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Building, growing, and sustaining a portable restroom business is challenging. It’s a balancing act of satisfying current clients while attracting new customers. To this end, PROs tackle many sales and marketing tasks to ensure a steady cash flow. Yet, networking with the right people often falls by the wayside. And it shouldn’t because building relationships with potential customers and industry professionals results in word-of-mouth referrals and opportunities down the road.
Adding targeted networking activities to your toolkit can open many doors in your local community. With the right connections, your portable restroom brand comes to mind first in local leaders’ minds. Moreover, good publicity from industry networking events doesn’t cost a dime. Use this guide to discover the types of targeted networking and develop actionable strategies for your company.
What is Targeted Networking, and Why Should PROs Do It?
Targeted networking is a purposeful approach to building relationships with potential customers and other professionals. It involves identifying goals and the activities that will help you reach them. Furthermore, targeted networking means choosing who to interact with strategically. Time is precious, so spending it on connections with the best chances of success makes sense.
Unlike a marketing campaign, networking is a long game. Ultimately, you want to increase sales. But, to get there, you’re building meaningful relationships with people who may refer your services to a friend or bring your name up during a corporate meeting. It’s also a two-way street. Even if a local government official isn’t a customer (or maybe even uses a competitor’s services), offering advice for resolving an issue shows that your relationship is genuine and mutually beneficial.
In the long run, engaging purposely and nurturing contacts can position your brand as a trusted and valued community business. Likewise, building similar connections in the broader portable sanitation industry can open doors to opportunities and ideas that give you a competitive edge.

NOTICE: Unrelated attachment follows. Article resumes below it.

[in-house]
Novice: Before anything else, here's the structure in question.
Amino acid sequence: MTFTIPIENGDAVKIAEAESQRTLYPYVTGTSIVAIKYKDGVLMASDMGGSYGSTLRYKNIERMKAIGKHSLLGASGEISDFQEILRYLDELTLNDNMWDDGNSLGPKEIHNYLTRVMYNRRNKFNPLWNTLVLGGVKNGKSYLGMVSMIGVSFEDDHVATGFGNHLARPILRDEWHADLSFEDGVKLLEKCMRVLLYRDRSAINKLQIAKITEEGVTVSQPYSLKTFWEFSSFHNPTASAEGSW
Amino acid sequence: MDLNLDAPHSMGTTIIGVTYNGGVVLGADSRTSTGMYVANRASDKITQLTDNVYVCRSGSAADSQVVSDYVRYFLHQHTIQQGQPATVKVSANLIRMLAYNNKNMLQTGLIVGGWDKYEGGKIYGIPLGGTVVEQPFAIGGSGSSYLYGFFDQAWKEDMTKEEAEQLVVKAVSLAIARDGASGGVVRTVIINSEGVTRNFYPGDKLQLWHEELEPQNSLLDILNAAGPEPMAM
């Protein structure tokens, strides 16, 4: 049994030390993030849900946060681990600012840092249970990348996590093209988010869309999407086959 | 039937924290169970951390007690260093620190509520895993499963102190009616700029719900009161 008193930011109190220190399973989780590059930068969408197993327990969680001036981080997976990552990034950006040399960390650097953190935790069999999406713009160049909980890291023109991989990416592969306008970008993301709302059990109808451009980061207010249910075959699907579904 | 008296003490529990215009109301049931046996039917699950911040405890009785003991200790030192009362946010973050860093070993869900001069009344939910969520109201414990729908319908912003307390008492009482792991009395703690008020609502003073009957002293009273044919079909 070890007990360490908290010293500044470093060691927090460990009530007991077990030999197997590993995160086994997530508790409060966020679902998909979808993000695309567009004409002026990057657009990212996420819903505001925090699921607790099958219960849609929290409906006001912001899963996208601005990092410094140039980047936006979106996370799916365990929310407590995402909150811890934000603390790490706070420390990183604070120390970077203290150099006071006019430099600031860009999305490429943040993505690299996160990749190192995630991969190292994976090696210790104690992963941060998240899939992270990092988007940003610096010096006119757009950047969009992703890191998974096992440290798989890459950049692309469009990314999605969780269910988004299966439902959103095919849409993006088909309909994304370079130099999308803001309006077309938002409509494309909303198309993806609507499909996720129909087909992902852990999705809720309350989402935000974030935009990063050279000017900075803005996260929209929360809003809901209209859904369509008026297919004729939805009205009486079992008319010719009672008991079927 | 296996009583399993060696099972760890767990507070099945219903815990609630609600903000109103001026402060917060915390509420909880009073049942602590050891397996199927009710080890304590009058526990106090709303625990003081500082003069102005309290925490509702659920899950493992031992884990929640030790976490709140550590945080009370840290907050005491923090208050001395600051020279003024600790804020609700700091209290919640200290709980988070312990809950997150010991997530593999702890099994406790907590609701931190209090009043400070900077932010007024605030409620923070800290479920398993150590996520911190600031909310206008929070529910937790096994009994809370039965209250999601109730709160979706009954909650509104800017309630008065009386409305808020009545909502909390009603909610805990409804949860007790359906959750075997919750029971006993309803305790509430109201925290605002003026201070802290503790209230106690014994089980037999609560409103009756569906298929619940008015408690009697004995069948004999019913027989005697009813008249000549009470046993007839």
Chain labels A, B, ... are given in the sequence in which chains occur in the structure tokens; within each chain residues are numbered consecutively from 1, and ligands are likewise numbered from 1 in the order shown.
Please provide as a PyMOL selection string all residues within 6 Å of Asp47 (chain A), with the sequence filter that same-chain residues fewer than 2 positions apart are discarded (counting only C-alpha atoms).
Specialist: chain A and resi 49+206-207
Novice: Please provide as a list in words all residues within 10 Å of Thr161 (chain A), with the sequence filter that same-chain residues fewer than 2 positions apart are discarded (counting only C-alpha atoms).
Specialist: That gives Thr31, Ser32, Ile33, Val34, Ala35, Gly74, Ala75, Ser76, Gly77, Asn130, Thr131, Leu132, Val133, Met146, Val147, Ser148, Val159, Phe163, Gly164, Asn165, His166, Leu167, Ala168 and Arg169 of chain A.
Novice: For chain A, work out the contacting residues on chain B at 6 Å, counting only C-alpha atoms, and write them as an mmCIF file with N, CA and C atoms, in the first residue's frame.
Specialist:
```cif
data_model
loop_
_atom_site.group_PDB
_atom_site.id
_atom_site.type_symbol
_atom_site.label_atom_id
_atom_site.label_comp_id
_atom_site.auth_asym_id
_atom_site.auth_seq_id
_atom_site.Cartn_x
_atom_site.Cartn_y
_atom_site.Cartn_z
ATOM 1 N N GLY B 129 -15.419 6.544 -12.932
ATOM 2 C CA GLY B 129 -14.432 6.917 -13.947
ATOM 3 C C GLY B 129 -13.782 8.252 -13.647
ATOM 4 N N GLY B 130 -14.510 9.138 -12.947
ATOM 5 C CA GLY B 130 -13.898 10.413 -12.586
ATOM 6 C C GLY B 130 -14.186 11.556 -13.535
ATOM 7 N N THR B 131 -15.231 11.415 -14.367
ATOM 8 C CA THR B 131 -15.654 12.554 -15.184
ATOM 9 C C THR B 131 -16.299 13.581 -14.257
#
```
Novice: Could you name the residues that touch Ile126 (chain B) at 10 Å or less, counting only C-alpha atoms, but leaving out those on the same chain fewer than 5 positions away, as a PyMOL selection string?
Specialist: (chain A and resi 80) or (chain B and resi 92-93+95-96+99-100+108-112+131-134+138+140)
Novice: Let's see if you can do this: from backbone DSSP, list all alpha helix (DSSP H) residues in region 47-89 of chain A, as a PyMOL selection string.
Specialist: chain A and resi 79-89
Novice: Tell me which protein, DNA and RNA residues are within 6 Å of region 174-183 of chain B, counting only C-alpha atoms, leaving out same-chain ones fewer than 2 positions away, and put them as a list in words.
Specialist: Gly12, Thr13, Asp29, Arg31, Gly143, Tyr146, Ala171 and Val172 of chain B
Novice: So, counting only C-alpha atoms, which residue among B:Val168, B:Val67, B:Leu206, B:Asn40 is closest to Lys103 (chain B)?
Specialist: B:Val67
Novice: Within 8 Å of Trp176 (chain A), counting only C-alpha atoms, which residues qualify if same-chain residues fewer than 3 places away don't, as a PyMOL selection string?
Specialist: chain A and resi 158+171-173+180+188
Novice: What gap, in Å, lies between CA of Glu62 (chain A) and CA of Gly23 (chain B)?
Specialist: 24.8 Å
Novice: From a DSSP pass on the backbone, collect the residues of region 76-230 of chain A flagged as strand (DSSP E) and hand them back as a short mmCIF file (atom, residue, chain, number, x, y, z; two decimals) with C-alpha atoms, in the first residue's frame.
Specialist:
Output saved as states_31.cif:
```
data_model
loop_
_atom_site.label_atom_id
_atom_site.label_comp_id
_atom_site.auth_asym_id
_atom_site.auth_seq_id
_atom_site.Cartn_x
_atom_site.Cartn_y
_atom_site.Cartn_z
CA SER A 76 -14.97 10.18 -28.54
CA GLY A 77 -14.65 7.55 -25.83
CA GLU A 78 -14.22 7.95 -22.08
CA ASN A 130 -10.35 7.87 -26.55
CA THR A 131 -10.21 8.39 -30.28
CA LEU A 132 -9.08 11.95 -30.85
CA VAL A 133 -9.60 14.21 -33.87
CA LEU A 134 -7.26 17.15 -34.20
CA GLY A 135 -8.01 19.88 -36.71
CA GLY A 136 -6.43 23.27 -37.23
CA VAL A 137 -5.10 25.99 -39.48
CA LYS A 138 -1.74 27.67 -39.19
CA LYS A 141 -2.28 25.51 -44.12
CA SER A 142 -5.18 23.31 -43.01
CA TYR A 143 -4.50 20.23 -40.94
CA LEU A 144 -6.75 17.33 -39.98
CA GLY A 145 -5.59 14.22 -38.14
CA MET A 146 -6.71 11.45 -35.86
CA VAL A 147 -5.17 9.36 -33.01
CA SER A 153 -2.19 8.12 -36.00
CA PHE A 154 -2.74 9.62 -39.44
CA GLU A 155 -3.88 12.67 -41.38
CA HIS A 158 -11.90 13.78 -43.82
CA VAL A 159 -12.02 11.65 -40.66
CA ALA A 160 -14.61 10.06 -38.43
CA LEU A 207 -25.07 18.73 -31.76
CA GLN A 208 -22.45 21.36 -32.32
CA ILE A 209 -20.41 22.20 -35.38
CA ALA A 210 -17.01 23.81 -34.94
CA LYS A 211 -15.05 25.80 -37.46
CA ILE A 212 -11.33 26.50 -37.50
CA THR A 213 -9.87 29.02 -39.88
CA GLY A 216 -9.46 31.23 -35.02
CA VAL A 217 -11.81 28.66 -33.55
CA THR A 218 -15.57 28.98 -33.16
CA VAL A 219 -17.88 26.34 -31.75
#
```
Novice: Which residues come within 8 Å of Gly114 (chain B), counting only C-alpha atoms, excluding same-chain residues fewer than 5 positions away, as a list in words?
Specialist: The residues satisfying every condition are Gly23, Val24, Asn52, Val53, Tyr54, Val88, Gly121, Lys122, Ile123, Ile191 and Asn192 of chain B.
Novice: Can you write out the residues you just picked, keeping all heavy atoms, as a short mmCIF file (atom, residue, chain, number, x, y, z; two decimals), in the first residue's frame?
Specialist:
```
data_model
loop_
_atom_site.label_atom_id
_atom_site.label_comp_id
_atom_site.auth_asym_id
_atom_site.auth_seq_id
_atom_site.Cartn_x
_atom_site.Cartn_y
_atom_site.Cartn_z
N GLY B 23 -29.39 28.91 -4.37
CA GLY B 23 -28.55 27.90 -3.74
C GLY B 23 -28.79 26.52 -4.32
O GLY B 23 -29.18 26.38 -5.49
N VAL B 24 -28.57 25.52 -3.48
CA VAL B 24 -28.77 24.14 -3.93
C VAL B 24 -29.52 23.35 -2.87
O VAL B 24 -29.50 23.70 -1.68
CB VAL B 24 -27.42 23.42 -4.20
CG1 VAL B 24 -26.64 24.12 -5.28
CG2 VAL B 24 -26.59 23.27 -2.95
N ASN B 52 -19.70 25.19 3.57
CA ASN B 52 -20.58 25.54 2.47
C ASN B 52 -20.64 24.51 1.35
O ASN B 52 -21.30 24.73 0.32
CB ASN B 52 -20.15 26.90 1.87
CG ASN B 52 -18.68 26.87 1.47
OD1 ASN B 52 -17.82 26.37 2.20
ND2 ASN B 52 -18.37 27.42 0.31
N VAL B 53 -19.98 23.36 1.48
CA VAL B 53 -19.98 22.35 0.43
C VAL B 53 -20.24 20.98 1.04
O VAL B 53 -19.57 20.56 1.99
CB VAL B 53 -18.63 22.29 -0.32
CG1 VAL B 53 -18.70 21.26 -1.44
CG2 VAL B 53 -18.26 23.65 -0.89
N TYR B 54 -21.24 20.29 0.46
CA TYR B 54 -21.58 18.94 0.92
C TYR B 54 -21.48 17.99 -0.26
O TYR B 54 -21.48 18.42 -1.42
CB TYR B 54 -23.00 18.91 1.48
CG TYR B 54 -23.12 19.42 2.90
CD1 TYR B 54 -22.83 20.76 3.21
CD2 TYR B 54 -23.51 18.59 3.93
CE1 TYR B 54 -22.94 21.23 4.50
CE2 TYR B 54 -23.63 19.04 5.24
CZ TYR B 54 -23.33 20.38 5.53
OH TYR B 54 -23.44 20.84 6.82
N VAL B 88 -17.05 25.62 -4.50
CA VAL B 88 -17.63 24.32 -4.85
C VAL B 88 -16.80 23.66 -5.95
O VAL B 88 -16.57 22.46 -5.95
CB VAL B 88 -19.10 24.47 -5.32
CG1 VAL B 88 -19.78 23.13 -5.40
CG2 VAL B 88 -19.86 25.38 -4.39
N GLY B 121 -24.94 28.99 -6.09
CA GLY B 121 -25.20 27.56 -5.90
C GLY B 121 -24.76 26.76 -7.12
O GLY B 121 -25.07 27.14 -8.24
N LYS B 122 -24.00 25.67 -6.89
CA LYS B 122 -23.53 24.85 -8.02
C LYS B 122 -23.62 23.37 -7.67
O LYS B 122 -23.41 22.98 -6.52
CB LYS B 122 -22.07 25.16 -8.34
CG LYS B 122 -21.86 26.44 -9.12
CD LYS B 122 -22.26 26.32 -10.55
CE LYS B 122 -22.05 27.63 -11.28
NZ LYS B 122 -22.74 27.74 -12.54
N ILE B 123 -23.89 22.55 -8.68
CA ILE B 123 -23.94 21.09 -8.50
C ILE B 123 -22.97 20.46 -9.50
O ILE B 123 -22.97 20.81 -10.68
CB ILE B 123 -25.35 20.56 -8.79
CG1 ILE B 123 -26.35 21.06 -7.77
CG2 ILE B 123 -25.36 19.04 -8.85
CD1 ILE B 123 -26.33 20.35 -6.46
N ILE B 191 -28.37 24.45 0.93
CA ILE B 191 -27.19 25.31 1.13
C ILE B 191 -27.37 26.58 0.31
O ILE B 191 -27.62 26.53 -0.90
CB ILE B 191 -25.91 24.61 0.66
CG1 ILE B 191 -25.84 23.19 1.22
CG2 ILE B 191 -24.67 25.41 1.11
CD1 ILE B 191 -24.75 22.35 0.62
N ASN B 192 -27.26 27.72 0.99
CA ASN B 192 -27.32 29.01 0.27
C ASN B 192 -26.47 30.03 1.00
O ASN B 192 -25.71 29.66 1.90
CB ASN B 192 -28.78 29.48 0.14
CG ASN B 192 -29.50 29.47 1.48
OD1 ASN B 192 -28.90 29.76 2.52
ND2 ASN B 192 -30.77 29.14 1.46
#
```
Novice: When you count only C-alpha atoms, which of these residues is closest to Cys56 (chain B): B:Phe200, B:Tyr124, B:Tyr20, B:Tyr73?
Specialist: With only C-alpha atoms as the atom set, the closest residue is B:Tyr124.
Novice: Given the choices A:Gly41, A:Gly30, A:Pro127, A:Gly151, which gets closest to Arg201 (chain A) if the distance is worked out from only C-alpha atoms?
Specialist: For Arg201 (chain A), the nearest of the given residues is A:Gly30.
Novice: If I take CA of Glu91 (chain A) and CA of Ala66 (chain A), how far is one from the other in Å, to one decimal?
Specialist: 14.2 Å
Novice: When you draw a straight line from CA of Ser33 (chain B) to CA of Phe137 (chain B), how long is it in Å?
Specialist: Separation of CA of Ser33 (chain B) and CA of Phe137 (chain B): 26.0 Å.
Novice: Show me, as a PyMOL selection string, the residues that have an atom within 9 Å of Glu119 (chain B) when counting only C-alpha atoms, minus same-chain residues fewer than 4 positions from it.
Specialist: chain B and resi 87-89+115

Deriving Value by Connecting with the Right People
Learning to network effectively offers the most value for your time and resources. Although PROs should maintain professionalism when interacting with community members or other professionals, certain relationships are worth nurturing over the long run. But you’ll need to identify which ones to spend time with and which ones to drop. You can balance your schedule and track progress by separating networking activities into two groups: local and industry.
Local Networking for Opportunities and Long-Term Contracts
Building connections locally involves interacting with business leaders, government officials, and other service providers. Outreach efforts focus on decision-makers or influencers. Networking activities may include sponsoring little league teams (and showing up at games) or participating in local business organizations. Or, it can be as simple as having lunch with a contact to chat about an upcoming construction project or city celebration.
Your expertise can help event organizers, construction managers, and government leaders better understand sanitation practices and budget for emergencies or festivals. Once your connections realize they can turn to you for advice, you can build on that relationship to increase referrals. Consequently, networking establishes your portable restroom company as a trusted, reliable brand.
Industry Networking for Growing Your Portable Restroom Business
Networking with fellow PROs, suppliers, and manufacturers gives you a competitive edge in understanding the latest trends and can even provide valuable insights for handling challenges. Additionally, industry professionals often connect with others in your region, meaning they can refer clients in your direction. PROs connect with industry professionals by attending trade shows, participating in online forums, and building solid relationships with manufacturers and suppliers.